Interview with Tony Award winner Reed Birney
We recently caught up with Tony Award winner Reed Birney, currently starring as O'Brien in the Broadway premiere of George Orwell's 1984, adapated and directed by Robert Icke & Duncan Macmillan, which continues at the Hudson Theatre through to October 8, 2017.
Mr. Birney won his Tony Award last year for his performance as Erik Blake in the critically-acclaimed production of The Humans. He also earned a Tony nomination in 2014 for playing Charlotte in Casa Valentina. Other Broadway credits include the 2013 revival of Picnic and his Broadway debut in Gemini in 1977.
On screen, he is perhaps best known for his recurring role as Donald Blythe in House of Cards, and for his role as Tom Connolly in The Blacklist. Other screen credits include What's Your Emergency, In Your Eyes, Adult World, Morning Glory, Kings, Gossip Girl, and Four Friends.
Here's what Mr. Birney had to say about Broadway's most chilling production:
Thomas Hayden Millward: I believe 1984 enjoyed no less than four celebrated West End engagements in London. Did you ever get to see the play over there?
Reed Birney: I did not. I’m both sad and glad that I didn’t get to see it because I don’t have anything to compare it to, but I do wish I had seen it.
THM: I’m guessing you read the George Orwell novel before?
RB: Sure! In eighth grade… Didn’t everybody read it in eighth grade? (Laughs)
THM: (Laughs) Thank goodness for the school syllabus! How does this stage adaptation compare to the book in your opinion?
RB: What’s wonderful about this adaptation of 1984 is that I think other adaptations have sort of just reduced the book to its plot. What I think is remarkable about the book is how it disorientates you. This production is attempting to capture what the book does to the reader.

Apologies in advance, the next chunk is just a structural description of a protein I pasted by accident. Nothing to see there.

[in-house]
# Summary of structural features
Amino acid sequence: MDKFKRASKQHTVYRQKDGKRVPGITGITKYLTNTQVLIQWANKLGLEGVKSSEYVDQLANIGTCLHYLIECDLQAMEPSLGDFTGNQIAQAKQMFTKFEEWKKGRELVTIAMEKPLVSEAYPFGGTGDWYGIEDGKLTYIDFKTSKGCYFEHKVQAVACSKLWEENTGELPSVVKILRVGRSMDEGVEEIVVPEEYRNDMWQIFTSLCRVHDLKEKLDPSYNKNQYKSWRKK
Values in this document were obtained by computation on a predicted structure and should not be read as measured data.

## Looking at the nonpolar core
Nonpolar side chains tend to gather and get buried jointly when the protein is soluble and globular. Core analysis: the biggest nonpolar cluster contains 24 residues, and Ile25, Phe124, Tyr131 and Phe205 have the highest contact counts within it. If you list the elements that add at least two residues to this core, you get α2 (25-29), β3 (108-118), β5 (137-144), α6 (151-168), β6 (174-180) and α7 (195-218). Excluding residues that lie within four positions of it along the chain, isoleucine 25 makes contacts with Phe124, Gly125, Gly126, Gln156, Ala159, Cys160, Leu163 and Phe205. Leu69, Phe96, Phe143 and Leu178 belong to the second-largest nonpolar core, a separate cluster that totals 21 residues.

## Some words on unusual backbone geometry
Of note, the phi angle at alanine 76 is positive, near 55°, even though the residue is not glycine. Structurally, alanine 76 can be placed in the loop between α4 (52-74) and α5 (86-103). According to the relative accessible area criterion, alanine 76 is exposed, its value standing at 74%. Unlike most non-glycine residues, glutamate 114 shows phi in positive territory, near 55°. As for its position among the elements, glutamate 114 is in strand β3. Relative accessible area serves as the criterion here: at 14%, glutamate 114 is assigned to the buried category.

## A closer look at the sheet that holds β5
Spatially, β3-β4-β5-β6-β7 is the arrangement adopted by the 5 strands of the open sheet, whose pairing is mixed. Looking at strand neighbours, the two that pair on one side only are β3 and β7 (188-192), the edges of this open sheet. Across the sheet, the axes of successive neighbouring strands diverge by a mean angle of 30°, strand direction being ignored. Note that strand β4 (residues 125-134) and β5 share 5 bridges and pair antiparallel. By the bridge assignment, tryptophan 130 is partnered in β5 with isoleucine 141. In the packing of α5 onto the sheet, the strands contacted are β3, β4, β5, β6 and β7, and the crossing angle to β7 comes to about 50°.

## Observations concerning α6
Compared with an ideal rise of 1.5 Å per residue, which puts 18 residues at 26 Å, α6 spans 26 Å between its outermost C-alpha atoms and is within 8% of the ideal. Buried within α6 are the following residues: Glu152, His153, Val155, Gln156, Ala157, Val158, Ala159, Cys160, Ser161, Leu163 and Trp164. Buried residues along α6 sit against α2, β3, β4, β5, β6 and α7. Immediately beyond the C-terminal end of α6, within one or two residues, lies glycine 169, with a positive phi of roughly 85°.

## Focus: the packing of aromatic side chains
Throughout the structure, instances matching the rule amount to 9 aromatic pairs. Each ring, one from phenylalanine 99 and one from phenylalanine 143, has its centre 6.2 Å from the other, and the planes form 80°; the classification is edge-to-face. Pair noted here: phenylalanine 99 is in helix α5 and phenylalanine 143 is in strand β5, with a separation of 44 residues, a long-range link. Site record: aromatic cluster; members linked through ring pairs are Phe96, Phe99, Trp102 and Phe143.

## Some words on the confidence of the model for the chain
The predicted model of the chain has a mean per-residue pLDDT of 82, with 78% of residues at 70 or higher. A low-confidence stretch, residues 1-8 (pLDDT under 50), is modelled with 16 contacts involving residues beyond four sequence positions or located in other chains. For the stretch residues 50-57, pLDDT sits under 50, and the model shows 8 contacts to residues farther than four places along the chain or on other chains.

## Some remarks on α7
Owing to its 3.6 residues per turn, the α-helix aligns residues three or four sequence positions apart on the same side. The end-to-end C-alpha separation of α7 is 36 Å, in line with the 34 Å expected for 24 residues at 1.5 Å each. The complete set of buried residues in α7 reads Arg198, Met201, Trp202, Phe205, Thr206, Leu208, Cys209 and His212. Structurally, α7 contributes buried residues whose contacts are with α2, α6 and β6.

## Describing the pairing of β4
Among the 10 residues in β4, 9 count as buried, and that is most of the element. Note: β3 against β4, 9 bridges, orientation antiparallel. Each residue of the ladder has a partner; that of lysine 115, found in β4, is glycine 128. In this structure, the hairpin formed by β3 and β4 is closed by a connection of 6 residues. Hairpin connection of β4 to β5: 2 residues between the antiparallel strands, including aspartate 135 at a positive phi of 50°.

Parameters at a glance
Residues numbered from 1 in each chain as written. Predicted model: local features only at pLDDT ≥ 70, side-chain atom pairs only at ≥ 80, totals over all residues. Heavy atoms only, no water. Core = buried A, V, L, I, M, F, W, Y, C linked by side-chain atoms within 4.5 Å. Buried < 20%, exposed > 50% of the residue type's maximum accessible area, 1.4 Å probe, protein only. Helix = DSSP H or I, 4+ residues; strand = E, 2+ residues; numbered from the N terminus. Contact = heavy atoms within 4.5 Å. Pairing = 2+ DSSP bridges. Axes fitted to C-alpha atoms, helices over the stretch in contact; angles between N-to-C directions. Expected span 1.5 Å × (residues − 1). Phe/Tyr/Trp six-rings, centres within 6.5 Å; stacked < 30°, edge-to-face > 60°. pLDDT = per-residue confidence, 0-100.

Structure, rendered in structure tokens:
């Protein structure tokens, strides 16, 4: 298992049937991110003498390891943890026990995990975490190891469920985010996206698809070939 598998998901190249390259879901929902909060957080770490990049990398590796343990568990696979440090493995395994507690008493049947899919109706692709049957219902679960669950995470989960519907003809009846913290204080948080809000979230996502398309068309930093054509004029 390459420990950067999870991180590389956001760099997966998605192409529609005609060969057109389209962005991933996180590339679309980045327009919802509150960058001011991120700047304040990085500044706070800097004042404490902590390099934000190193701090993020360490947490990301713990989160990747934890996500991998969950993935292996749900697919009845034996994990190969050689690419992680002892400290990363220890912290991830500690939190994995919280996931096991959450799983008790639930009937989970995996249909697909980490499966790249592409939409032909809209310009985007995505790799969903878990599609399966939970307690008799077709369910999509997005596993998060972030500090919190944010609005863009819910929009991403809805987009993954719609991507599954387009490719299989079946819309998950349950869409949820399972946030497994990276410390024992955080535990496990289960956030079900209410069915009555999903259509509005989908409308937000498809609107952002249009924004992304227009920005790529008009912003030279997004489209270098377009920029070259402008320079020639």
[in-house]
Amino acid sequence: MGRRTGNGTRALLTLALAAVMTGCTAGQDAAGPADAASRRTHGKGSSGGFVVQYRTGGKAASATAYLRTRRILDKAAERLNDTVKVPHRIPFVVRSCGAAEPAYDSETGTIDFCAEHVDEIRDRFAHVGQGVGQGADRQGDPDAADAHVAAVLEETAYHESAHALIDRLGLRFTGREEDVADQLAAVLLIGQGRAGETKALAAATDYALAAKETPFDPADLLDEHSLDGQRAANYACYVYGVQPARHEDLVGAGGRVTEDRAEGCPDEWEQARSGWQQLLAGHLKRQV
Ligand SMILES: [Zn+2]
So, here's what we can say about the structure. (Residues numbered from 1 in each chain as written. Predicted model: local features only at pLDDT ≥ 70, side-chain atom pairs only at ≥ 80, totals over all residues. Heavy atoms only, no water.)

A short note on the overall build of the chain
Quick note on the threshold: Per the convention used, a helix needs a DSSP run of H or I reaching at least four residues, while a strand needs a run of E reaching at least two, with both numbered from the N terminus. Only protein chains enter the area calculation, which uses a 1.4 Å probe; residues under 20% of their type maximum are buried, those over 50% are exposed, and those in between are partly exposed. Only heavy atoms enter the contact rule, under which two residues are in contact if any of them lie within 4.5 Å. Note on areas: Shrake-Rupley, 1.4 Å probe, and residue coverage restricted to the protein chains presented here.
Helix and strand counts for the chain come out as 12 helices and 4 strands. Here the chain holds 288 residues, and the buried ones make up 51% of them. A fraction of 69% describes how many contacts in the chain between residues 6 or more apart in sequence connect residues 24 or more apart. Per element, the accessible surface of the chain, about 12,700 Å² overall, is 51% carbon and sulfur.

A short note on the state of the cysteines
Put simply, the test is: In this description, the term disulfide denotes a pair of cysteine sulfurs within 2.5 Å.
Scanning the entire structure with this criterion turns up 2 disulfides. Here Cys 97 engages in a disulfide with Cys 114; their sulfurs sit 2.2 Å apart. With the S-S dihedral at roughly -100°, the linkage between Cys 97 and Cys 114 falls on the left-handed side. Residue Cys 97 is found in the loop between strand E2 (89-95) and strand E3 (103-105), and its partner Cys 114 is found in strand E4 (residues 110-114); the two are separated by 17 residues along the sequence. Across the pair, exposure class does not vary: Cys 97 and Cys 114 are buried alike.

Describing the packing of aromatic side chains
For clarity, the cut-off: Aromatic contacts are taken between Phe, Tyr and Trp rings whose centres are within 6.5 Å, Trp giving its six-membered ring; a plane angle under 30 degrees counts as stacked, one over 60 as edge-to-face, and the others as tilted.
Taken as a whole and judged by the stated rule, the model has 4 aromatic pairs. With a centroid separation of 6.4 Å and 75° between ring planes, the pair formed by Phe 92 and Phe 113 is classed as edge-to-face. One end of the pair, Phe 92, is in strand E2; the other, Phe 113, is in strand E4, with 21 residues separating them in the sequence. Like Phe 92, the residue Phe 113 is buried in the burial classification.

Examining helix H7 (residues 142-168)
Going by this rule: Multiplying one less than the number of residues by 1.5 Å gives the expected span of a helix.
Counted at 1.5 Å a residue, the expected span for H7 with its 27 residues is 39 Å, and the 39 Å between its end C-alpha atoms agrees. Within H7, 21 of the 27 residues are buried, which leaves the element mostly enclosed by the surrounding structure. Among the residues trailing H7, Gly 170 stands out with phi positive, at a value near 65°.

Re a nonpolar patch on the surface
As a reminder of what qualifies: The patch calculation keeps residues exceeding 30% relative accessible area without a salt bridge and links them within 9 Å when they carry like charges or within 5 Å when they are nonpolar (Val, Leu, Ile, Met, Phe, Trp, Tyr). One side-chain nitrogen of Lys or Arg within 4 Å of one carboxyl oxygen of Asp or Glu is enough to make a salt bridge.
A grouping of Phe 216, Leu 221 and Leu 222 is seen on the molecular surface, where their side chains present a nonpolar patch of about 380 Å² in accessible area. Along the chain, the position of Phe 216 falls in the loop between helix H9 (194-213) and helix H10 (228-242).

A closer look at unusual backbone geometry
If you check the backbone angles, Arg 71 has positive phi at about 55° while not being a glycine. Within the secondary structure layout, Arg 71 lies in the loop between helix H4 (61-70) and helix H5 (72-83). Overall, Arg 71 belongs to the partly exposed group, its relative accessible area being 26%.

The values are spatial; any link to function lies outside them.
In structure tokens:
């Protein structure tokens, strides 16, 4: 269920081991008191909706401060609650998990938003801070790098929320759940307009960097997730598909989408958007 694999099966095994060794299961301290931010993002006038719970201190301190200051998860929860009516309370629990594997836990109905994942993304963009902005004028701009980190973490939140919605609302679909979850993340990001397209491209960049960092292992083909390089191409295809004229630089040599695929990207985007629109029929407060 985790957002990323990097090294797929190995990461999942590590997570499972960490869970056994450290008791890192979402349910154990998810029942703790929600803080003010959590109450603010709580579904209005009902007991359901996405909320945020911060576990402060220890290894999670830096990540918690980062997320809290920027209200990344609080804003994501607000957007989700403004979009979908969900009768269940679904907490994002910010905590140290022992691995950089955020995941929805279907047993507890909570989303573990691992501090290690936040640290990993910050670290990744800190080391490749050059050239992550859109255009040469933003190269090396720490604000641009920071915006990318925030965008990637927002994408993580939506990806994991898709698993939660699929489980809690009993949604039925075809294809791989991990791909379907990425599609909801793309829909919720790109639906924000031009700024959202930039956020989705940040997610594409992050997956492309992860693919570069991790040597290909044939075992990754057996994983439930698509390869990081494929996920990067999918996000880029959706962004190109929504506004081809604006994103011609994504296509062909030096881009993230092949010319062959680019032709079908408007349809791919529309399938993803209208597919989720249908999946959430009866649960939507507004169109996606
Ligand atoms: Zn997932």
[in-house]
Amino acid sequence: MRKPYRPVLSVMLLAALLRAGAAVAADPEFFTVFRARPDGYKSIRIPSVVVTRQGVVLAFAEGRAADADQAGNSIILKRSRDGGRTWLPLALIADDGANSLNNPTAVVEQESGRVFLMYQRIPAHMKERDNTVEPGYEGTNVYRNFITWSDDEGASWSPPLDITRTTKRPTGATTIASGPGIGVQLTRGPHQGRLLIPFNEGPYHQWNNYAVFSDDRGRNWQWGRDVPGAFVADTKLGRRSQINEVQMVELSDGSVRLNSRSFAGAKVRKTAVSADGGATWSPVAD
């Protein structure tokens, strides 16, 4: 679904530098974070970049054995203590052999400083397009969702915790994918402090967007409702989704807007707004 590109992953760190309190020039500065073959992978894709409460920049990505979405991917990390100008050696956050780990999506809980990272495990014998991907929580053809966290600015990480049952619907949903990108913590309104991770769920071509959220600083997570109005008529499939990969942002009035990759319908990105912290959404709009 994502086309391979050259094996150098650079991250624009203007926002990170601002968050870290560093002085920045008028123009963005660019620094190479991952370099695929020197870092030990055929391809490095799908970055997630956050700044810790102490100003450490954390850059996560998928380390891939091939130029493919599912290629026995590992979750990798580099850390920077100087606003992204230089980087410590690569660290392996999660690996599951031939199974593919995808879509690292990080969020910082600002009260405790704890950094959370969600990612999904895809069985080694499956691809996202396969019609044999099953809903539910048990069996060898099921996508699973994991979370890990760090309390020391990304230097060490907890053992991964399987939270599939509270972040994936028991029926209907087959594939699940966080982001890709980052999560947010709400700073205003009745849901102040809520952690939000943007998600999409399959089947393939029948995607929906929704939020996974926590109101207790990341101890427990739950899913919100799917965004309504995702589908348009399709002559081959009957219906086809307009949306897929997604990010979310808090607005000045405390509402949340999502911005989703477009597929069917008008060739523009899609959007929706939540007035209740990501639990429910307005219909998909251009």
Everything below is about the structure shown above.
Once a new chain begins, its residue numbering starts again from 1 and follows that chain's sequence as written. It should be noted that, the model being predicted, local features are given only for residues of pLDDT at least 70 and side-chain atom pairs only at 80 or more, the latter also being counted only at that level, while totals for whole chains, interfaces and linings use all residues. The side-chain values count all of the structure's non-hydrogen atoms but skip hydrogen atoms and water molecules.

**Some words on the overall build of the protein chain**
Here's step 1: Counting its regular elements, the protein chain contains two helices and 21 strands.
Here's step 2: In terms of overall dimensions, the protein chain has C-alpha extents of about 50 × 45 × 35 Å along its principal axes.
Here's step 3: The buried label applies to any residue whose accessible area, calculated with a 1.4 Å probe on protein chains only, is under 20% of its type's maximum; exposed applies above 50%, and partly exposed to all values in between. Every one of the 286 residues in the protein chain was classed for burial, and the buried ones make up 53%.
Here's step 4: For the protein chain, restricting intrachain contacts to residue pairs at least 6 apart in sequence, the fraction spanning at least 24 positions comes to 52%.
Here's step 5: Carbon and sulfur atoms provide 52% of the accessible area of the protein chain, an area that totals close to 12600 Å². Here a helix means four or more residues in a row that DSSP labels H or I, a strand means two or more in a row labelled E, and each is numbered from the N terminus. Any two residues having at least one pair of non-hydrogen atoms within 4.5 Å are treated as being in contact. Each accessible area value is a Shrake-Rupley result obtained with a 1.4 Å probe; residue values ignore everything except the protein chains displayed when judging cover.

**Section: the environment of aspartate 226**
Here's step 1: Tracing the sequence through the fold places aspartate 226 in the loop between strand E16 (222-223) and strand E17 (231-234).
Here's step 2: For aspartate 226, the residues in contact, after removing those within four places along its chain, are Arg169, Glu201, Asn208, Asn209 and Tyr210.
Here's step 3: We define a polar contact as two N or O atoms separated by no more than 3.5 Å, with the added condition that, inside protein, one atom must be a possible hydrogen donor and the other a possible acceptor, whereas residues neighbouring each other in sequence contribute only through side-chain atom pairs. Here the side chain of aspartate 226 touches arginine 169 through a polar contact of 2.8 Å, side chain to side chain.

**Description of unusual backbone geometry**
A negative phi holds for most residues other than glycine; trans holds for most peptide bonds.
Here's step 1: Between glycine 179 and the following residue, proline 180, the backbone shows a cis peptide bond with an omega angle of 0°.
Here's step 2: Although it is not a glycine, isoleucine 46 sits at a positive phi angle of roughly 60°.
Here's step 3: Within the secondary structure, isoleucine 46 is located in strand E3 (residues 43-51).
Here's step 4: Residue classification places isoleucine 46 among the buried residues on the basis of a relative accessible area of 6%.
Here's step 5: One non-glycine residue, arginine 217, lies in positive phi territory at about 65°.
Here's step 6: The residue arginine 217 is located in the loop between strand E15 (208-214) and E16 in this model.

THM: Could you tell our readers a little bit about your character of O’Brien?
RB: Well, O’Brien is the bad guy… Or is he?... Maybe he’s the good guy. I don’t know whether he’s write but he wants to get Winston Smith [played by Tom Sturridge] to join the Party because Winston will be happier when he stops fighting.
THM: How do you feel the themes of 1984 relate to the current state of American society?
RB: Well, when we read it in eighth grade it was science-fiction and now it feels like a documentary. It’s quite terrifying in so many respects and I’m very proud to be involved with it. I feel we could be shedding some light on where we could be headed.
THM: I also just wanted to say, I was a big fan of ‘The Humans’ and wondered if you would like to share a memory or a little anecdote that springs to mind, when you think of your time in that production?
RB: Oh, thank you. Well, it was supposed to just be a three-month run off-Broadway and then it miraculously just turned into this phenomenon. I think, having been in show business for 42 years and seeing miracles happen for so many people and never for me, it just felt so thrilling to be at the centre of something miraculous.